For most automotive repair shops, being able to diagnose and repair today’s vehicles can be a daunting task. As vehicles continue to evolve and embrace technological advances, one thing remains constant, in order for your shop to remain profitable you have to stay current with the latest diagnostic tools and equipment. How does an automotive repair shop stay current and afford the capital investment needed to purchase and maintain the necessary equipment? In an effort to help you build a more profitable automotive repair shop, we’re going to lay out a plan to help you accomplish this goal.

Let’s begin by analyzing the cost of doing Diagnostic work. You have to understand and accept that performing Diagnostic services in your shop is the most costly labor operation you can perform. Here’s why: Diagnostic services don’t generate parts revenue. Let’s look at the financial cost a typical repair shop with 3 technicians will encounter over a 1 year period.

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The answer lies in understanding how to fairly charge the right fee for diagnostic services. As we can see in the above example, most shops would be better off not doing diagnostic services if they could replace those jobs with regular jobs that generate parts revenue. However, in the real world, most shops won’t make that transition and will want to continue offering diagnostic services. So how do you know what is fair and what will create success for your shop in the future? Let’s look at how to determine what to charge for your diagnostic services.

In order to determine what a fair amount is to charge your customer, you first need to figure out what labor rate multiplier you need to apply to your standard labor rate. A labor rate multiplier simply means that for diagnostic services you are going to charge a higher labor rate than your standard labor rate. If your parts to labor ratio is 1-1 then you could easily determine that you need a 2.0 labor rate multiplier to recover the lost revenue. However, it’s just not that simple. You see there are times where diagnostic services do generate parts revenue. Most shop owners don’t have the time to track this, or their management system won’t track this category. Another way to do determine what labor rate multiplier you need is to create an annual budget for new equipment acquisition. As an example let’s use a budget of $30,000 for scan tools per year. Using the data from our table above we’ll determine what a fair amount is to charge.

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Take pride in the service you provide to your clients and don’t be ashamed of your fees.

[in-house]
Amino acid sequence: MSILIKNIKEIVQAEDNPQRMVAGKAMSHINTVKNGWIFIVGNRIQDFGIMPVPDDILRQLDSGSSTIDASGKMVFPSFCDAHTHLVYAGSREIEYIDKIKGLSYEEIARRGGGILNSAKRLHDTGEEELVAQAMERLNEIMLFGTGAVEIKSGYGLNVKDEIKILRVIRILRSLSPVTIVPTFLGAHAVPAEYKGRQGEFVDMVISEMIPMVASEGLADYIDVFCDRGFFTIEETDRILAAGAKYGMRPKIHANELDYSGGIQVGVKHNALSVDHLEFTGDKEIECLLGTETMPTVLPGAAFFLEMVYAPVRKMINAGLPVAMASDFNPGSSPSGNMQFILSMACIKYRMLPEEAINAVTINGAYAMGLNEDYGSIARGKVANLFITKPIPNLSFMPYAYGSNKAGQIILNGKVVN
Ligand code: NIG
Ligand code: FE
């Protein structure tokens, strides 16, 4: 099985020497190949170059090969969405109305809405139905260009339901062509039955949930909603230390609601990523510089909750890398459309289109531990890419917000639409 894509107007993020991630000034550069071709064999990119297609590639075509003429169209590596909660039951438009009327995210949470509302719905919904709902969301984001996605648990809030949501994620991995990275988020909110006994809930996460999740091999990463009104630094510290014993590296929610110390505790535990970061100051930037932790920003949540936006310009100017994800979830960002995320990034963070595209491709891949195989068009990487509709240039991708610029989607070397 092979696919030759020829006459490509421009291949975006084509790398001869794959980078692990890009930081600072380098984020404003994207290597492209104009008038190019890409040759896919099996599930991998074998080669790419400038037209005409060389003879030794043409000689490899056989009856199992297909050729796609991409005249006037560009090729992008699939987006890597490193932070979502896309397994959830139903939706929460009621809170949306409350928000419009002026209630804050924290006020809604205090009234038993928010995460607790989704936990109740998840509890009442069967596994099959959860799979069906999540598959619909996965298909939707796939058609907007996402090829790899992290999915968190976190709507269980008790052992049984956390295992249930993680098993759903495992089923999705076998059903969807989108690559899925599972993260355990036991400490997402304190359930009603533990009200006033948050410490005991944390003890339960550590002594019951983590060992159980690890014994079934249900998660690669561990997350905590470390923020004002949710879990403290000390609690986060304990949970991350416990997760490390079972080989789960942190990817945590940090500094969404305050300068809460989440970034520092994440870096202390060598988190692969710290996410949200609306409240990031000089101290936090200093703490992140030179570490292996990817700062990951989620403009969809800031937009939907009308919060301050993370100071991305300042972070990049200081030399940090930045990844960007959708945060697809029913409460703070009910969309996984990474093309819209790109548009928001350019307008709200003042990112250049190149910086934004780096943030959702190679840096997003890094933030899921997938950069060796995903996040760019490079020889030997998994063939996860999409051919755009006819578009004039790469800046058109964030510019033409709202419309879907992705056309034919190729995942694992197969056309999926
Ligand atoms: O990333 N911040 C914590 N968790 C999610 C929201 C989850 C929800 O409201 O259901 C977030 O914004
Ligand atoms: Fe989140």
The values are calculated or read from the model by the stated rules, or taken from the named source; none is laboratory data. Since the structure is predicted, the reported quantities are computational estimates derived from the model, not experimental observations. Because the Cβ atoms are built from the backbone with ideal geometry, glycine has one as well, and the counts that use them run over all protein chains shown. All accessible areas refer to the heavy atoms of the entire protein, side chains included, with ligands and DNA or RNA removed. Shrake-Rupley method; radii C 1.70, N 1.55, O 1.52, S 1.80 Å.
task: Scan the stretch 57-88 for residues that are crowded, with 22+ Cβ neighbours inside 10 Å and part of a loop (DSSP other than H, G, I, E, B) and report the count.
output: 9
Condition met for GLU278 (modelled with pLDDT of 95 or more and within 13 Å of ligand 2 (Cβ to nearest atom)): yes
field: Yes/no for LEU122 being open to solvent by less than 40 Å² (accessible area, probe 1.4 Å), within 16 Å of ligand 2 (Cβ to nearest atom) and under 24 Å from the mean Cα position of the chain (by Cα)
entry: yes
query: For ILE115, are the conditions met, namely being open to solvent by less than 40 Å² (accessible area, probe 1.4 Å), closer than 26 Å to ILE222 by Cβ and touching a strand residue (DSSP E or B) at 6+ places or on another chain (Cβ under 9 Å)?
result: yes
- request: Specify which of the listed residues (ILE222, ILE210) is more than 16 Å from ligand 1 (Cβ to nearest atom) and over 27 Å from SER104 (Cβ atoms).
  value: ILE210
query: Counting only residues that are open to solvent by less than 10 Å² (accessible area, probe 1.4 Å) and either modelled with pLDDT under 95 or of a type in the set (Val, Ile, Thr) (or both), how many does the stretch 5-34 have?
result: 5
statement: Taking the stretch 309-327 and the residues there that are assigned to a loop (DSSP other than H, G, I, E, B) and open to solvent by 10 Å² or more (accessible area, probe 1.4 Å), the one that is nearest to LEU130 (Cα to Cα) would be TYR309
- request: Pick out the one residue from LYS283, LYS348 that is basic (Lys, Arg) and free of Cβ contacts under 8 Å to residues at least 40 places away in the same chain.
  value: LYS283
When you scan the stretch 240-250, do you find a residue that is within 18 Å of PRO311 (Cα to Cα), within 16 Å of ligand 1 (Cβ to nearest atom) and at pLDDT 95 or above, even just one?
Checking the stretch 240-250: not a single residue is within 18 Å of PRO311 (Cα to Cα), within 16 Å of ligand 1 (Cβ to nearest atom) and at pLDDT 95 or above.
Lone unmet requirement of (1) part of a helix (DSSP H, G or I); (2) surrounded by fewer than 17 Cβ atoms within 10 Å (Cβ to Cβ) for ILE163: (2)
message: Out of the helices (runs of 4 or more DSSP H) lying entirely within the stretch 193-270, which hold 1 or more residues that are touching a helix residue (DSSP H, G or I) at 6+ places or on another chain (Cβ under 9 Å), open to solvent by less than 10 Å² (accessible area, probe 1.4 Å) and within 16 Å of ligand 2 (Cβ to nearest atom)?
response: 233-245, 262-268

As you can see, with a simple adjustment in your diagnostic labor rate, you will be able to create an annual budget to fund capital expenditures on new equipment. This will ensure your business is able to stay current with the cars and test equipment of tomorrow. Going back to our labor rate multiplier, we have to remember there are other fees you will have to absorb to stay in business as a diagnostic repair shop. You’ll have subscription services, Factory level information access, technician training etc. So once you figure out your capital investment needed I would recommend adding an additional .1 – .5 to your labor rate multiplier. If we use an additional .1 to our above example that would put our labor rate multiplier at 1.34 ($24.04 is 24% of our $100 standard rate.) Our new labor rate would be $134.00 per hour for diagnostic services. Over the course of 1 year that would equal $163,212 in labor revenue generated or an additional $38,412 in revenue. I’ve included a worksheet below for you to use:

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In closing, this concept is an effort to help shop owners generate the revenue needed to stay current with the tools and equipment shops will need to diagnose & repair the cars of tomorrow. Take pride in the service you provide to your clients and don’t be ashamed of your fees. You now have an understanding of what it costs to stay in business diagnosing vehicles. The fees you need to generate represent the mental, emotional, time, and monetary capital invested to help your clients solve their vehicle concerns. If you charge accordingly, you will be rewarded. The shops that don’t will soon find themselves out of business. If you need training in how to sell these higher fees to customers please visit www.Advisorfix.com for more information on becoming a master at selling diagnostic services for maximum profits.

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Jeremy O’Neal–Owner
AdvisorFix